China policy and markets round-up: Global Covid-19 cases on the rise, PBoC leaves rate unchanged after Fed’s cut, US curbs Chinese state media headcount
In this round-up, Covid-19 infections have spread across the world at an alarming speed, the Chinese central bank did not follow its US counterpart to lower interest rates, and the media row between the two countries has deepened.
The number of confirmed novel coronavirus cases outside China surpassed the 10,000 mark on Tuesday, March 3, and had reached 14,768 by Thursday, according to the World Health Organization. Officially known as Covid-19, the virus has infected a total of 95,333 people across 86 countries, territories and areas globally, causing 3,282 deaths, the latest data from the WHO showed.
The International Monetary Fund has lowered its 2020 growth outlook for China to below 5.6%, Kristalina Georgieva, managing director, said on Wednesday at a joint press conference of the IMF and World Bank. In January, IMF predicted growth to be 6%.
The World Bank said on Tuesday that it was making available an initial package of up to $12bn in immediate support for developing countries impacted by the global outbreak of Covid-19. The financing was drawn from across International Bank for Reconstruction and Development, International Development Association and International Finance Corp.
“This financing is designed to help member countries take effective action to respond to and, where possible, lessen the tragic impacts posed by the [coronavirus],” the World Bank said in a press release.
The Chinese government will subsidise domestic and foreign airlines for their China inbound and outbound international flights based on flight mileage and passenger capacity, the Civil Aviation Administration of China announced on Wednesday. The subsidies will be available between January 23 and June 30.
The measure is used to encourage airlines not to cancel their international flights and resume those already cancelled international flights.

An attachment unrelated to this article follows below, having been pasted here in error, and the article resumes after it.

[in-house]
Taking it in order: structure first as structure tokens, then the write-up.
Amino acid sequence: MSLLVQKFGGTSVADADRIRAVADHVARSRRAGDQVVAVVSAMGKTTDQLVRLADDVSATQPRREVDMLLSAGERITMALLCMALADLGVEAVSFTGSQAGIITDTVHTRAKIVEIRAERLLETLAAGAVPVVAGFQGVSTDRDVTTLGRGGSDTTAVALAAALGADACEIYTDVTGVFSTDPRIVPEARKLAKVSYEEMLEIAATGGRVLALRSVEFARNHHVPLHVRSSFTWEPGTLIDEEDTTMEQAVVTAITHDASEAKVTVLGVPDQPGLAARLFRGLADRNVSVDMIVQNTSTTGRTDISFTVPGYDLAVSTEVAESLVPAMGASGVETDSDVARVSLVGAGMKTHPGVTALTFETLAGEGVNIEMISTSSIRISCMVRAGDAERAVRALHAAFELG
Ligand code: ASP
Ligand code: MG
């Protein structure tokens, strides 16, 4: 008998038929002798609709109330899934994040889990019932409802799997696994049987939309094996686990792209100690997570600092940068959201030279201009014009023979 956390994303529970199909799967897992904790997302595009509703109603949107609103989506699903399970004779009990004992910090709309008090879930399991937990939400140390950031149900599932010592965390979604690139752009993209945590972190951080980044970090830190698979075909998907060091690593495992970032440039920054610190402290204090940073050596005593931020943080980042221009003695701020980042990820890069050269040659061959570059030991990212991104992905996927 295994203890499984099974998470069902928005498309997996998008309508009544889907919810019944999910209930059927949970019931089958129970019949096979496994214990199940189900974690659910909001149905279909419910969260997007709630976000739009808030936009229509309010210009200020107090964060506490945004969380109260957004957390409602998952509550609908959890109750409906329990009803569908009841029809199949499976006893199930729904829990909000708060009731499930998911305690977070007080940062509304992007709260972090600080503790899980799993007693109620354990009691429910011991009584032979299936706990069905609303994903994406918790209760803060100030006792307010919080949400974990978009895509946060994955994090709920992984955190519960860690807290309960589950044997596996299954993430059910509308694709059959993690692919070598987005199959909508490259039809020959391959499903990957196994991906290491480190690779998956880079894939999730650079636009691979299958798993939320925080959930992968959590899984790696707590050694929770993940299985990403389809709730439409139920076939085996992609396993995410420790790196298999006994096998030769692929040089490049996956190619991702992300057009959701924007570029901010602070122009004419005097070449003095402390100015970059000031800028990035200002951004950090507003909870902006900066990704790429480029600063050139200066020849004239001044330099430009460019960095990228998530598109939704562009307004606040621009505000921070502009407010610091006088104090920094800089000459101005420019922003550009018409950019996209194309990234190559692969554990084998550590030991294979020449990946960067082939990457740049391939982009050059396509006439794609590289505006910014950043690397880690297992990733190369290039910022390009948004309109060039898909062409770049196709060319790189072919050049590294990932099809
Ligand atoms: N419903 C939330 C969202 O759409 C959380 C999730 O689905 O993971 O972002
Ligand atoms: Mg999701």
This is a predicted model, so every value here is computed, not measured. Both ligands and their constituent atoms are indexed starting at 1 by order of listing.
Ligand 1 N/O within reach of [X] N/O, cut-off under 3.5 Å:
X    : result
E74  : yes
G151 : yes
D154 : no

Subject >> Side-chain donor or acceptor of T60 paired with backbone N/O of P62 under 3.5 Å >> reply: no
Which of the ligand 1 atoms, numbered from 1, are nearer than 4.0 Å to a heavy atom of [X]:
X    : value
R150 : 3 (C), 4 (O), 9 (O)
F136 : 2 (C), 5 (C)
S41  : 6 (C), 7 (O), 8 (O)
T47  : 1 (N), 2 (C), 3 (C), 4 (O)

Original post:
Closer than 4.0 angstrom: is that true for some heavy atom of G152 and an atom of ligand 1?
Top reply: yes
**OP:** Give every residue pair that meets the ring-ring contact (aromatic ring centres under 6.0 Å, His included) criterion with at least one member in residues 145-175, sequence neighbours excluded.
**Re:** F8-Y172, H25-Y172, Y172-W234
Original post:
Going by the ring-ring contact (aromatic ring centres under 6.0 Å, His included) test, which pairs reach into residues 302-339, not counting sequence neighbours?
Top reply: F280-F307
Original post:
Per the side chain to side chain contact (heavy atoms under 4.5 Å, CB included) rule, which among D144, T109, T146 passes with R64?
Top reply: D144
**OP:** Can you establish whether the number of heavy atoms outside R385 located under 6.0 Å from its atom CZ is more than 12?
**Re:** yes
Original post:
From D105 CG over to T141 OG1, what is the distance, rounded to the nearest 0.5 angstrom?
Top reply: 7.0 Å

Air China, China Eastern Airlines and China Southern Airlines will directly receive the subsidy from the Ministry of Finance. Other domestic regional airlines will receive their funding from local MoF branches. Foreign airlines will receive their subsidies from the Civil Aviation Administration of China.
The Hong Kong Monetary Authority announced a 50bp downward adjustment in the base rate to 1.5% on Wednesday. The announcement came after the US Federal Reserve’s surprise move overnight to announce an emergency rate cut of 50bp to the Fed Funds Rate, the first emergency cut since the 2008 financial crisis.
China’s central bank, however, did not follow suit. The People’s Bank of China did not conduct any open markets operations – the main tool for it to control the money supply and adjust interest rates – on Wednesday morning.
“The market is now expecting central banks across the world to further ease monetary policy, and more cuts from the PBoC are probably on the cards as the Chinese economy still suffers greatly from the lockdown,” Plenum, a political consulting firm, wrote in a Wednesday research note. “But any move from the Chinese central bank is unlikely to match the Fed’s and this morning the PBoC did nothing.”
Policymakers at the PBoC, MoF and the China Banking and Insurance Regulatory Commission met on Tuesday to discuss further measures to boost the domestic economy. Following the meeting, the PBoC announced that it would not use the financial policies governing the property market as a short term stimulus to the Chinese economy.
Caixin’s services PMI dropped to a record low of 26.5 in February from 51.8 in January.
New businesses sub-index dropped to 22.7, new export orders sub-index to 30.1 and the employment sub-index to 48.5. All three sub-indices hit record lows since the Caixin services PMI was first established in 2005, Maggie Wei, a China economist at Goldman Sachs, wrote in a Wednesday note.
“We expect service activity to partially recover in March, but in absolute level, it might take longer for services activities to normalize than manufacturing activities,” Wei added.
Foreign investors held Rmb1.95tr of Chinese onshore bonds by the end of February, a 29.03% year-on-year increase, according to a monthly report from China Central Depository and Clearing. This is the 15th consecutive month for foreign investors to increase their holding of renminbi bonds.